There's so much going on: recitals and school events. Advent chocolate every day! I love how caught up my children are, how completely Christmas-crazy they get. There's a little greed, sure, but it's mostly about the fun. They love the early darkness and the colder weather. They get so excited to be in the car when it's dark out. Isn't that funny? It's a huge thrill for them and I love their excitement. It's not just Christmas, it's wintertime and all the unique things winter brings: cocoa and cookies, afghan-snuggles, crafty afternoons at the kitchen table. It may snow this weekend! I really hope it will be cold enough for a fire. I'm so happy to make the season festive for them, to keep their bellies full and their bodies warm. 

Sunday, December 7, 2014

A Rabbit for a Bear

I've just finished making a Maggie Rabbit soft toy for my Girl Bear. Maggie will be one of her Christmas presents. I had originally planned to give her Maggie for her birthday, back in September, but I wasn't able to make Maggie in time. I'd been working feverishly to finish the Flowers in the Snow blanket in the above photo. I think it worked out fine; the GB got a few more months of growth and maturation under her belt. I've seen remarkable changes since she started kindergarten this fall; I think she'll better understand that Maggie is a delicate doll to be played with gently. I really hope she'll like her Maggie Rabbit. I like her a lot myself!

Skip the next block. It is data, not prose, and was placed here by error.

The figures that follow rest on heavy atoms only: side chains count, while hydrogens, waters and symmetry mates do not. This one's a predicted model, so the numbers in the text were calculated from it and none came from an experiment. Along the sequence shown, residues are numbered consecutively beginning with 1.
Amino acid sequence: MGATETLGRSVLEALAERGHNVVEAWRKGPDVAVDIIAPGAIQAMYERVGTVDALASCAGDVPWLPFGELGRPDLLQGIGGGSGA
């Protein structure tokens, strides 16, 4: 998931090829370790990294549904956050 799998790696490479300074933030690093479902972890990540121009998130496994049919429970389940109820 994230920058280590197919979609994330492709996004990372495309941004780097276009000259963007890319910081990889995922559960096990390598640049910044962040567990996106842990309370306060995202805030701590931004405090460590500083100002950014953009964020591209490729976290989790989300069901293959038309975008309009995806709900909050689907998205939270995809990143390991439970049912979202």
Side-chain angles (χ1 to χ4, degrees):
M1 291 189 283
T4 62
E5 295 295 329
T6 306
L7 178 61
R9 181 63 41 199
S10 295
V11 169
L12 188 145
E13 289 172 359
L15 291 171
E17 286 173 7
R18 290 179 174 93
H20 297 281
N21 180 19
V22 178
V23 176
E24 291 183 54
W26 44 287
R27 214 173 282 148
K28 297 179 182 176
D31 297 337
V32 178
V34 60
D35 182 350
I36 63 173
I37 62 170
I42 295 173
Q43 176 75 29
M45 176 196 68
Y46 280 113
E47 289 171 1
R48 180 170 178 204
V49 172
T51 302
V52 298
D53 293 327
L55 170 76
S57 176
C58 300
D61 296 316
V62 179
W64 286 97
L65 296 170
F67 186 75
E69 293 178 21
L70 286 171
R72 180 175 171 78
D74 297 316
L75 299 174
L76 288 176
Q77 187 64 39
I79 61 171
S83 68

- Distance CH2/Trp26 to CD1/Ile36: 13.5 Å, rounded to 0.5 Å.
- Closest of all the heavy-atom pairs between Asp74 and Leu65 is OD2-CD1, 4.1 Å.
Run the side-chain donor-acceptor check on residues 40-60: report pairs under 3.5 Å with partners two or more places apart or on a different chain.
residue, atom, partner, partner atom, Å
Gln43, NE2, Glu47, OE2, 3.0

I took it slow making Maggie. I had never made a soft toy before, and I wanted to do it right. There were new experiences; I had never used a water-erase marker before and needed to buy one before I could get started. I'd always used tailor's chalk or water-erase pencils, but hadn't tried the marker. I really liked it! I couldn't believe the way it disappeared, like magic. I will definitely use it for future projects. Making Maggie was very enjoyable and a bit challenging. I learned some new skills. I had never really used the blanket stitch before and there's a lot of it in the body-construction. I think I'm an expert now! I probably should have stuffed her a bit more, especially in the face, but I didn't want her to be too plump because then her dress might not fit. I think she looks okay; maybe she's more of a jackrabbit, like the ones we have here in the desert.

Do you remember when I showed you this black fabric with strawberries? I was cutting out dress parts with it, using Maggie's peasant dress pattern. I wanted to make a practice dress before I cut into Maggie's beautiful Liberty dress fabric. As much as I enjoyed sewing Maggie's body, I was very apprehensive about making her dress. Doll clothes are difficult! The few pieces I'd made in the past were fiddly and not much fun for me. Judging by the pattern, I knew Maggie's dress would probably also fit one of the GB's baby dolls, Nellie, so she got a new dress herself. I didn't have elastic for her dress but it fits her well enough. Apparently, it's her school uniform. Or so I've been told.

Making the sample dress helped my confidence a lot, but I still felt nervous making the real thing. I just took it very slow, spending almost three hours on just this one part of Maggie's creation. I loved working with the Liberty lawn (who wouldn't?), and I can totally see why it's so sought after. Maggie's dress isn't perfect - the hems are a little crooked and I probably should have used a finer needle in my sewing machine - but I think it turned out pretty well. I love that the pattern fits the other doll; I think she may be getting a flannel nightgown soon.